American military analysts will soon be sent to work at the Defence Intelligence Organisation (DIO) in Canberra as both allies intensify joint efforts to scrutinise the moves of states like China, Russia and North Korea in the region.

On Sunday, Marles and U.S Defence Secretary Lloyd Austin visited Lavarack Barracks in Townsville to meet military personnel taking part in the Operation Talisman Sabre exercises

The U.S and Australia announced that they would establish a “Combined Intelligence Centre — Australia” within the DIO by next year, saying the new entity would “enhance long-standing intelligence cooperation”.

It comes in the wake of the AUSMIN talks between the two nations on Saturday.

Defence Minister Richard Marles said that while the U.S and Australia already had deep intelligence ties and shared large amounts of information, the announcement represented a “significant step forward” towards “seamless” intelligence ties.

“It does enable us to do joint work and you will then see more joint [intelligence] products coming out of this,” he said.

“This is a unit which is going to produce intelligence for both of our defence forces … and I think that’s important.”

“You’ll get an American perspective into the American system seen from Australia. And that is not insignificant.”

Marles’ declined to say what the joint intelligence centre would work on, and the joint communique issued after AUSMIN says only that it will look at “analysing issues of shared strategic concern in the Indo-Pacific.”

But U.S analysts from the Defence Intelligence Agency and their Australian counterparts say they are very likely to focus sharply on China’s military footprint in the region and its moves to cement security ties with countries across Asia and the Pacific.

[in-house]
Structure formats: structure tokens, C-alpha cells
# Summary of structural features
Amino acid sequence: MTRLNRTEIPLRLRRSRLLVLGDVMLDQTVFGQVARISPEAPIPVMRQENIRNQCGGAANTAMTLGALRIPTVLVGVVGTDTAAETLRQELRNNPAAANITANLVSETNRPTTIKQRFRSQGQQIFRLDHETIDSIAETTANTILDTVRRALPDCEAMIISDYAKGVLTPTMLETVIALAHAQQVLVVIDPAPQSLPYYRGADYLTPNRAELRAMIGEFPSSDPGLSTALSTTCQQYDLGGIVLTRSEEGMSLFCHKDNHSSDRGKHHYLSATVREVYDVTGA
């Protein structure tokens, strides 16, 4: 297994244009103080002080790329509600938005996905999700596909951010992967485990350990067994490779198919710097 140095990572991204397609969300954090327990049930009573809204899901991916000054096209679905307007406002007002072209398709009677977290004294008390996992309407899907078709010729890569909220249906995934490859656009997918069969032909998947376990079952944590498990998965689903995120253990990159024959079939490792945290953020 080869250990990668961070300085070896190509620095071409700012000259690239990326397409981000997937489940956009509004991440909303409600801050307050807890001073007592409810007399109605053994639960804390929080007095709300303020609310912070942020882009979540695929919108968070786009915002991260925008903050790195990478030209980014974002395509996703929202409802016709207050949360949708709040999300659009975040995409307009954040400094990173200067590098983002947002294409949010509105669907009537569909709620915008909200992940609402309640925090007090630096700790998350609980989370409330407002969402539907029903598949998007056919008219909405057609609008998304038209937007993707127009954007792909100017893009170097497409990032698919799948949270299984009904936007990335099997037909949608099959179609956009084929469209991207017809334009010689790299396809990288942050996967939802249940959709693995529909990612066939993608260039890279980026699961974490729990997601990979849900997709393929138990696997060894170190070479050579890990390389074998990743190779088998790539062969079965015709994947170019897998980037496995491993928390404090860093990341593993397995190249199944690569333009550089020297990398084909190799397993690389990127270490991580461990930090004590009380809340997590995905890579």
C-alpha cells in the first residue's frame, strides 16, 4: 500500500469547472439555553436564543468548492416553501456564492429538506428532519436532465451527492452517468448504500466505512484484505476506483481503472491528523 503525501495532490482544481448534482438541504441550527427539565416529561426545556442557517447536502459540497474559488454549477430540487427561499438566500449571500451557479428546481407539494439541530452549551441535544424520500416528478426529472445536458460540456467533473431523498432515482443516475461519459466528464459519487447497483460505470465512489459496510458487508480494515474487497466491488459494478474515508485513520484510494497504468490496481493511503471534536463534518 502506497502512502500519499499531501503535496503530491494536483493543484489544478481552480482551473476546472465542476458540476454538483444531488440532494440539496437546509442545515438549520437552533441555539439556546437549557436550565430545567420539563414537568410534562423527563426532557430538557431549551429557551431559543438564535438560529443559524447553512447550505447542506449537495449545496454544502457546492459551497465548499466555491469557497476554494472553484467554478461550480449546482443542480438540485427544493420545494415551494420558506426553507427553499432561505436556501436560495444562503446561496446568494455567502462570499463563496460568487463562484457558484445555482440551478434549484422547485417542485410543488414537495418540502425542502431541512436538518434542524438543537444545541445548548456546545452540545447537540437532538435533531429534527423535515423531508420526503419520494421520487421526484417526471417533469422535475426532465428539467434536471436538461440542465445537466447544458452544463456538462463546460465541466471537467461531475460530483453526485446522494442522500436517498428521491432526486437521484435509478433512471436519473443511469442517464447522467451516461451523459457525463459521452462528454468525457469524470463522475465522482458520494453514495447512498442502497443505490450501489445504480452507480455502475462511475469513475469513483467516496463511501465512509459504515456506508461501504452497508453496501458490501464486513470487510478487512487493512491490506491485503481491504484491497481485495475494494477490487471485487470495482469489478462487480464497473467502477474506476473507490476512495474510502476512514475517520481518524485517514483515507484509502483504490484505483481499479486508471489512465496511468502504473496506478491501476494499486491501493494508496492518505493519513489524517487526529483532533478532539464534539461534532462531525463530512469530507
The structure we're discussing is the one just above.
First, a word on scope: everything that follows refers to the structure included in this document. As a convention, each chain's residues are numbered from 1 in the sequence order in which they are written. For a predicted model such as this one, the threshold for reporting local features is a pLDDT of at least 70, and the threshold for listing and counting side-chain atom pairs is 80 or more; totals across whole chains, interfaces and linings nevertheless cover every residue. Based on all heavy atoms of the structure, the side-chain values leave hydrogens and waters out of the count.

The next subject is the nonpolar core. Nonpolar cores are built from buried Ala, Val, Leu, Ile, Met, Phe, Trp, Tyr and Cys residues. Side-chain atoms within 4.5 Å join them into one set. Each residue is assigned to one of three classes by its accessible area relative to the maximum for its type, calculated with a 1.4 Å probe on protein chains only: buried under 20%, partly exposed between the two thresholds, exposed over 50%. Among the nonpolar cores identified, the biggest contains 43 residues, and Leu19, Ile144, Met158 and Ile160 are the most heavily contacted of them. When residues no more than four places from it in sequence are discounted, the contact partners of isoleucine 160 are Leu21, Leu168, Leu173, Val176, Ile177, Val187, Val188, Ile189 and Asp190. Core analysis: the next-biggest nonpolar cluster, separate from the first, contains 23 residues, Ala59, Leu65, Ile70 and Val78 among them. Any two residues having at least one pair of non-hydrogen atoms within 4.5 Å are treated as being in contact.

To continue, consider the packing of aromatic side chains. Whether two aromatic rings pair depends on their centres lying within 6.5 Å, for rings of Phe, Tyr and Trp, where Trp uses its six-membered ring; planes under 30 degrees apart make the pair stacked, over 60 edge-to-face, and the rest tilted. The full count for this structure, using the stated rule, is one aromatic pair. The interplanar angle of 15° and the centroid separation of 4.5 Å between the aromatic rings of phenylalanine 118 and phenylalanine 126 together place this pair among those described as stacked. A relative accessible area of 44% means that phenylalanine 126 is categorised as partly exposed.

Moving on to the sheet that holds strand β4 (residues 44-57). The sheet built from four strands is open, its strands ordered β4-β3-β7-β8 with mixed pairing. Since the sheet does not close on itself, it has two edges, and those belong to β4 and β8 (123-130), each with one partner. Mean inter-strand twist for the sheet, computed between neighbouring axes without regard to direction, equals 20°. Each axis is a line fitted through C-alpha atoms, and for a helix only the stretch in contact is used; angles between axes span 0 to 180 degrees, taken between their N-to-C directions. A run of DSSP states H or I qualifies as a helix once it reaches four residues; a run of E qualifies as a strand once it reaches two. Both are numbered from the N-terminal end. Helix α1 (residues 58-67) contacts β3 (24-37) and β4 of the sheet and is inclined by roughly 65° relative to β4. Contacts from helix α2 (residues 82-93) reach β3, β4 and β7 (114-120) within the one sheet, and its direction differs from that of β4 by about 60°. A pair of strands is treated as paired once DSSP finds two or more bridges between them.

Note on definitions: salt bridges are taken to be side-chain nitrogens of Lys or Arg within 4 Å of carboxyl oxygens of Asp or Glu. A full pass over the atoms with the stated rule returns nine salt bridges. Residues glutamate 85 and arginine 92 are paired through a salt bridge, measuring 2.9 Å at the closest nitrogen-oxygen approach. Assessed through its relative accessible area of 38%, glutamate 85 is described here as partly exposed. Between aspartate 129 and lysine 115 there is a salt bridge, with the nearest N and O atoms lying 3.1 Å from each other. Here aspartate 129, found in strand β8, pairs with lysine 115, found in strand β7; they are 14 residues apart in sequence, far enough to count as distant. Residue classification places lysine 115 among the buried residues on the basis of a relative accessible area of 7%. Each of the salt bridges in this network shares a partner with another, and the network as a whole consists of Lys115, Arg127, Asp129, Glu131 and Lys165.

The Defence Minister also denied the United States was making the move because it had been unsettled by the security pact signed by China and Solomon Islands last year — a move which blindsided Australian officials and undermined American confidence in Canberra’s intelligence capabilities in the Pacific.

Marles made the comments after travelling to Townsville with U.S Defence Secretary Lloyd Austin on Sunday, the day after they held joint talks with Foreign Minister Penny Wong and US Secretary of State Antony Blinken in Brisbane on Saturday.

The two men travelled to Lavarack Barracks to meet some of the thousands of military personnel taking part in the massive Operation Talisman Sabre military exercises.

Both paid tribute to the four Australian aviators who are still missing after crashing into waters off Queensland’s coast, and met with soldiers from all the 13 nations who are participating in the war games this year.

Secretary Austin said the exercises strengthened the “unbreakable alliance” between Australia and the United States, while Marles declared it would be “connectedness” between the participating nations and “enhance the security of the Indo-Pacific.